All Belly Porchetta

medtran49

Well-known member
Site Supporter
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1 piece around 4-pound skinless pork belly. I started out with a 5.29 pound belly, cut off the thicker end for another use, so that left a fairly equal thickness of pork belly.

Kosher salt
1 Tbsp black peppercorns
1-1/2 Tbsp fennel seeds
1/2 Tbsp crushed red pepper flakes
1 tsp dried rosemary
1 tsp dried thyme
4-5 garlic cloves, microplaned
Microplaned zest from a large lemon, make sure not to get the white pith.

1/2 tsp baking powder
1/2 Tbsp kosher salt

Score the outside fat of the pork belly fairly lightly, trying not to cut through to the meat, flip over and score the meat side a little more deeply, but not all the way through.

Make up a cure by toasting the fennel seed and black peppercorns just untl fragrant, cool, then coarsely grind in a spice grinder, along with the dried thyme and rosemary, and red pepper flakes. Mix with the microplaned lemon zest and microplaned garlic cloves. Make sure everything is well mixed together, making sure to break up the garlic. Liberally salt the meat side of the pork belly, then rub the cure in, making sure to get down into the cuts. Tightly roll and tie. Mix the baking powder and salt together, then rub the outside. Sit on a rack in a roasting pan, cover lightly with plastic wrap and let it sit at least overnight up to 2 days. Take the plastic off the morning you are going to cook so outside will dry some.

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Take the porchetta out of the refrigerator. Set up a 2-zone fire with charcoal and a couple of chunks of apple or whatever other wood you want. Place a drip pan in the middle between the coals. Set the fire up to keep temps between 325 and 350. Place the porchetta on the rotisserie and cook for about 3 hours to an.internal of 170 to 175.

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About 30 minutes before the porchetta is done, spoon off most of the grease into a heavy glass measuring cup then put in some parcooked fingerling potatoes or small new potatoes to finish cooking. Keep the drippings to use like bacon fat.

The meat should be moist and tender, and the fat rendered and crisped very nicely.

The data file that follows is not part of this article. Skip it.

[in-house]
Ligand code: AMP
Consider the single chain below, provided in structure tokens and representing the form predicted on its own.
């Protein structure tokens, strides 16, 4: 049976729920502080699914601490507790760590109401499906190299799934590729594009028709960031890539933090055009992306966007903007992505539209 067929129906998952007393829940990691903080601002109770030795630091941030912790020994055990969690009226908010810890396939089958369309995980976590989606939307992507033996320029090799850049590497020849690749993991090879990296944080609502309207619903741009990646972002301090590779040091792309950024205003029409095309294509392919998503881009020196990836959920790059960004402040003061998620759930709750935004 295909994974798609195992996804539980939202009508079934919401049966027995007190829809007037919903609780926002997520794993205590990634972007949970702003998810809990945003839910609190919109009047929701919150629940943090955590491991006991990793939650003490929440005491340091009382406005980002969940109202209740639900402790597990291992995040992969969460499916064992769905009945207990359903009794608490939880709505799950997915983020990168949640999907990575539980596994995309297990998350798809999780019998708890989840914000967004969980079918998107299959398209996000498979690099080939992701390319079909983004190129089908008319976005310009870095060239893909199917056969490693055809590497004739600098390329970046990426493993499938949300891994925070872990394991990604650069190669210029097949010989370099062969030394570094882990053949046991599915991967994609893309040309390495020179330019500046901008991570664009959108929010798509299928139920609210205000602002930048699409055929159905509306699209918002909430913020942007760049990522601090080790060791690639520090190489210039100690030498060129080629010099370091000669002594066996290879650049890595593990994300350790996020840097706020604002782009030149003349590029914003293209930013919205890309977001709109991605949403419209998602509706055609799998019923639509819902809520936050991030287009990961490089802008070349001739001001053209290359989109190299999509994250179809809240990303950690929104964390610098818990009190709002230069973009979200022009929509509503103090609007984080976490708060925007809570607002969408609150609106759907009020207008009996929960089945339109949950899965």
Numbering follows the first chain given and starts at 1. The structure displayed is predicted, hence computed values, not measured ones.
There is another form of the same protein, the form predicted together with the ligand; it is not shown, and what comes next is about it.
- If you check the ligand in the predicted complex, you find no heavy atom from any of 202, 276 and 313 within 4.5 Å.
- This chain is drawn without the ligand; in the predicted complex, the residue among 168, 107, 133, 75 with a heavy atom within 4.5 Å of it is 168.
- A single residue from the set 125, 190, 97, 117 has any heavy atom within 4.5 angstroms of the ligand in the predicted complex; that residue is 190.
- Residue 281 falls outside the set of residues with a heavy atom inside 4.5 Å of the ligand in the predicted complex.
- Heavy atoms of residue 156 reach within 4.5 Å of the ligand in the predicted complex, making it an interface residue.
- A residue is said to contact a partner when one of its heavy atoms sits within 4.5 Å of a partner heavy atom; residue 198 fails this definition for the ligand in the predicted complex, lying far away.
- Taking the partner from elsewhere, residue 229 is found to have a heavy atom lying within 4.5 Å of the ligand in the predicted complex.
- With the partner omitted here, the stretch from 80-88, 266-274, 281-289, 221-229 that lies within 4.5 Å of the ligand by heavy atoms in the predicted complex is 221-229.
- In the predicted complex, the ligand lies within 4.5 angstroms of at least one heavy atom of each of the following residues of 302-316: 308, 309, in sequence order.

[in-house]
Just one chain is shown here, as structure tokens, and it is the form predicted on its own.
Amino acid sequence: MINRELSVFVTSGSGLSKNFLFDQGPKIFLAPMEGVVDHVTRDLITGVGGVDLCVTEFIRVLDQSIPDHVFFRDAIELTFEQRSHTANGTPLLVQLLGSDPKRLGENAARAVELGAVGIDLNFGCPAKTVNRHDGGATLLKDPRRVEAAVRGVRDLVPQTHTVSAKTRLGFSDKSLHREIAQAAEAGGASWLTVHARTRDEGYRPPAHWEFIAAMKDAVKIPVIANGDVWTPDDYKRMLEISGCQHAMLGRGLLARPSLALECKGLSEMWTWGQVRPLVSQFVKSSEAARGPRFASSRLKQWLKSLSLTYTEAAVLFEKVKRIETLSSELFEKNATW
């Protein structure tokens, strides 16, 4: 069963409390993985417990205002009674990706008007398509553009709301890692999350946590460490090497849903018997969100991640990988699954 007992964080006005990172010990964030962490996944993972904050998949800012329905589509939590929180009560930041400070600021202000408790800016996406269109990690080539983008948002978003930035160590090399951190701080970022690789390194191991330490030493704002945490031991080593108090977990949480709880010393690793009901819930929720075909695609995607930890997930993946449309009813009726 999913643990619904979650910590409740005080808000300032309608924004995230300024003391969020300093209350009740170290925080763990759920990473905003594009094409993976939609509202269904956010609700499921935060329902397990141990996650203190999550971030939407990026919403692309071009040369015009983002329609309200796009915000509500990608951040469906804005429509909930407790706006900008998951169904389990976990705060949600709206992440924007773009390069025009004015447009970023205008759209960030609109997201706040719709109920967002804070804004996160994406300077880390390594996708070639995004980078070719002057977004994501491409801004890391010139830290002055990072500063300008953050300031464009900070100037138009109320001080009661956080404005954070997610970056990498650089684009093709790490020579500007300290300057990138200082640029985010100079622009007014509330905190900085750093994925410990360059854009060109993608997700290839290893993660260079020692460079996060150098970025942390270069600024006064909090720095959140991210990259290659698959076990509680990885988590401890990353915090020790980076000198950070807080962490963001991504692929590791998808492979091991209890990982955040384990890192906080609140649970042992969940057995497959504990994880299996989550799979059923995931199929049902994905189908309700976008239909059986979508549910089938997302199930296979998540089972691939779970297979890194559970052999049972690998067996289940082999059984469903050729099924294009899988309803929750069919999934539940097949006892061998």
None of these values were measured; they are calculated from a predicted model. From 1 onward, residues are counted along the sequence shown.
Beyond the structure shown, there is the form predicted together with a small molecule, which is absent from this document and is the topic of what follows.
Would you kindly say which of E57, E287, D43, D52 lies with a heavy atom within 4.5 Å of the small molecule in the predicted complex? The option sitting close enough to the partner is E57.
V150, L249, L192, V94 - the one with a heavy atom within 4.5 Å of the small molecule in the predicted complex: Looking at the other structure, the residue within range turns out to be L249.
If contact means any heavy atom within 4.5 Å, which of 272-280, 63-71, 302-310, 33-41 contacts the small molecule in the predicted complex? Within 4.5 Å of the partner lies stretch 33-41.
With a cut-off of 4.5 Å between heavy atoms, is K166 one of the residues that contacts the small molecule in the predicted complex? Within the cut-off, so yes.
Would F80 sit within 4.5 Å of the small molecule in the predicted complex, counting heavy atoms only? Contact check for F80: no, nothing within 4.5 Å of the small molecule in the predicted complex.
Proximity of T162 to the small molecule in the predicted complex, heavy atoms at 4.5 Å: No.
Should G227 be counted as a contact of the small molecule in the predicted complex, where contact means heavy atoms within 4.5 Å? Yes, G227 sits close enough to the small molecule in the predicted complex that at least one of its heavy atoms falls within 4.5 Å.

QSis

Grill Master
Staff member
Gold Site Supporter
OMG - wonderful!

Not sure I can find a hunk of pork belly that big, but I'm gonna look!

Lee
 

medtran49

Well-known member
Site Supporter
Surprisingly enough, Winn Dixie had these on sale for $3 and change per pound via their savings program. I couldn't believe what a nice piece it was when I saw it. Even the meat guy said it was a nice piece. I think he wished he'd seen it before I did. It was cryovaced. I'm going to keep my eyes open from now on.

We've gotten them at Asian markets before. You have to ask at the counter for a full piece because they usually cut them.

I would think there would be plenty of places around Boston. Check at a butchers or an Italian market.

Craig and i.both agreed this was the best one we'd ever cooked.
 

medtran49

Well-known member
Site Supporter
Two of our favorite ways to use up leftovers, and honestly we like these as much as the porchetta itself, are to make sliders using thin slices of porchetta, caramelized onions, Gruyere cheese and a roasted vege aioli. The other way is on a pizza, ultra thin slices (think prosciutto thin), thinish white sauce with some ParmR, sweated leeks, cooked until dough is almost done and porchetta slices are crisping, then 1-3 eggs cracked onto the pizza depending on size, and finished until whites are just set. After it comes out, break the yolks and let them spread out, eat.
 
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